There were also lots of times that we let them decide what we were going to do: go for a hike, play with a ball, go for a drive, a swim, whatever.

Proper Expectations

Early on, we thought surprises would be the way to go. For example, on a day when we were going to go to the beach, we didn't tell them before hand. We dressed them in their swimming suits and told them that we were going to go for a swim. When we ended up at the beach, they were very disappointed that we weren't at the community pool back home. It took a good while before we could properly pump them up about the beach--usually one of their favorite things. With that in mind, we were sure to tell them the day before we went to Disneyland and talk about all the things we could do there. Kids seem to frame their world in their expectations and anticipation is half the fun--at least.


As we prepared for our trip, everyone and their dog had one suggestion. It can be summed up by what a coworker said to me: "You've got to get a DVD player for your car, if you don't have one." I just don't know why I would take my kids on a 6,000 mile road trip if I just wanted to plop them down in front of a TV. I would do that at home and buy a more convincing TV with all the money we would have saved by not driving around the country. I wanted them to experience things. I wanted them to see the world around us: the redwoods in California, the arches in Utah, the desert in New Mexico, the Rockies in Colorado, etc. I even wanted them to experience how boring it can be for miles and miles while we try and make it to our next stop before sundown.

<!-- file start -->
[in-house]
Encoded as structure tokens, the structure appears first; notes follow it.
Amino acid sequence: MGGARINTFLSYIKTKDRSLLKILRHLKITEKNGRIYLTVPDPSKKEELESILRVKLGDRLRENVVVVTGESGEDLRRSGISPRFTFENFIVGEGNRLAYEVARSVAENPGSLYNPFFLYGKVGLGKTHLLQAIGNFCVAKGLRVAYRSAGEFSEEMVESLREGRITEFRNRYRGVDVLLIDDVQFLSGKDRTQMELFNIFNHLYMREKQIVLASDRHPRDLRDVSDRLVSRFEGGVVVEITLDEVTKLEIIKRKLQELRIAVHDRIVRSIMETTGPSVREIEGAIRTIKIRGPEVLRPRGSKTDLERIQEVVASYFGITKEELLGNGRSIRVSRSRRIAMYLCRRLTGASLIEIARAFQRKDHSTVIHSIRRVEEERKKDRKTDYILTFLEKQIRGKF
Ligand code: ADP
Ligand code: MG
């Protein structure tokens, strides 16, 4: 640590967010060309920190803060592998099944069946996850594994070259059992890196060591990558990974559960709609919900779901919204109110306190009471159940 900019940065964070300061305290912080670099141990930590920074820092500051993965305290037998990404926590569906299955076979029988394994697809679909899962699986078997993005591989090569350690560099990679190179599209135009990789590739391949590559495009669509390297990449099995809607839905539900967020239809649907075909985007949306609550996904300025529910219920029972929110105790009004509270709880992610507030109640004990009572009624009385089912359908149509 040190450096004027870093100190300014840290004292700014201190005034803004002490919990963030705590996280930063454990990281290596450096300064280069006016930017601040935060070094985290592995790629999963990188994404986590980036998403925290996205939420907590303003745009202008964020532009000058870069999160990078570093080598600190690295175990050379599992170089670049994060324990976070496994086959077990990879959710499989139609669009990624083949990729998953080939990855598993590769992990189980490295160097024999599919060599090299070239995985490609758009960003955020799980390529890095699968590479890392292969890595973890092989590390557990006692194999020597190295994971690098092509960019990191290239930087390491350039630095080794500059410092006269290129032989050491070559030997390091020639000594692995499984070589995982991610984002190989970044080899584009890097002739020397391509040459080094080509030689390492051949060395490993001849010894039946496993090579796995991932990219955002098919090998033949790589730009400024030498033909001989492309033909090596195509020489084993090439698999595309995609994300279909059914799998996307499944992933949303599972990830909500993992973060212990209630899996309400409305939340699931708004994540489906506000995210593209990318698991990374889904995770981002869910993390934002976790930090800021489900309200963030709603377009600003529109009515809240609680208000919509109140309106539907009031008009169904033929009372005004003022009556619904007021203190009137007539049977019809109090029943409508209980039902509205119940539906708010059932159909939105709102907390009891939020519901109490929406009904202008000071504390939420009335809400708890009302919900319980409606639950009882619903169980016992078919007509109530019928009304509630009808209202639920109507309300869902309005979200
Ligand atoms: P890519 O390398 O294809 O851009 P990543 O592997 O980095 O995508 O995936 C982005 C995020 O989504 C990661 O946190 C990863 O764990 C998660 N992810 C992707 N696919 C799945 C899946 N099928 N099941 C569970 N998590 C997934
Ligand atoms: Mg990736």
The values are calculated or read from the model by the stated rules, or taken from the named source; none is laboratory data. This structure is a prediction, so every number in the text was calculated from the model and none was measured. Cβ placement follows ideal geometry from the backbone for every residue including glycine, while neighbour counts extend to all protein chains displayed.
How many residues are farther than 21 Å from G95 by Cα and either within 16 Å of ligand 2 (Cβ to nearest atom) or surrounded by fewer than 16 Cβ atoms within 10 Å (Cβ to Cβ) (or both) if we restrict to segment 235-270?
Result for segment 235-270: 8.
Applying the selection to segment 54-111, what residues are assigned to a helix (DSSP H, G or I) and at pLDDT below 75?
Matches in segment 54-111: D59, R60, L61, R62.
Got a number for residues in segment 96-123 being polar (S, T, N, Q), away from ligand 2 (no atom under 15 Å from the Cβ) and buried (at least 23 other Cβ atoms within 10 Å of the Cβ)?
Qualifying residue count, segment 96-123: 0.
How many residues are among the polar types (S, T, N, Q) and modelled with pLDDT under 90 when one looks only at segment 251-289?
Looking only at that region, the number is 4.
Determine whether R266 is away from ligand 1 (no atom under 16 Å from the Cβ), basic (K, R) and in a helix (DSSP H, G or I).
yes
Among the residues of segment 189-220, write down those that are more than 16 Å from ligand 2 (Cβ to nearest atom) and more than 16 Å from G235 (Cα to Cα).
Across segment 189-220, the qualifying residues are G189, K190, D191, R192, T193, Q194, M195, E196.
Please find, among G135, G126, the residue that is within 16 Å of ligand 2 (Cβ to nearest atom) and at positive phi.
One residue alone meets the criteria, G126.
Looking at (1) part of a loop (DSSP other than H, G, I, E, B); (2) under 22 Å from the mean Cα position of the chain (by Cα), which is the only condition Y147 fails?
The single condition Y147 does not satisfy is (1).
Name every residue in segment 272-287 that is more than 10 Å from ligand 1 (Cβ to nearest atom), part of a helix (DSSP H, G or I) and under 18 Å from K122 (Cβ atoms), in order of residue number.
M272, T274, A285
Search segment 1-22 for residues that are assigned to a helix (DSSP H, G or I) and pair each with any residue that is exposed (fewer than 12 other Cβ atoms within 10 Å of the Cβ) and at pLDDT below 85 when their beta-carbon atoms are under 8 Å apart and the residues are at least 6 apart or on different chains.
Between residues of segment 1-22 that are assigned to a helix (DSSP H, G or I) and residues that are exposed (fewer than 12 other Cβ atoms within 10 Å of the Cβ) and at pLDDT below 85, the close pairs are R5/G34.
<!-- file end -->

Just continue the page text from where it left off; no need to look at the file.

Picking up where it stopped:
There's something that I think a lot of people forget: the gift of being bored. Boredom is something that is almost alien to me since having kids as every moment can potentially be filled with work, study, or dealing with the kids simultaneously. But boredom is the mother of invention. When they got bored, they started looking around more, drawing more, asking about letters and numbers more often and little stops at curio shops end up being big fun.

Our Mantra

It's about being a family together. Being in the car, in a remote campground, or at a busy theme park with your family is what the trip is all about. The night before we left, we had a tiny family conference where we said that we were going to have a "good trip." Our oldest daughter held her hand up in sort of the sign-language sign for "I Love You," (which seemed to pick up from "Yellow Submarine" or something) and said "Good Trip!" This became our mantra for the trip.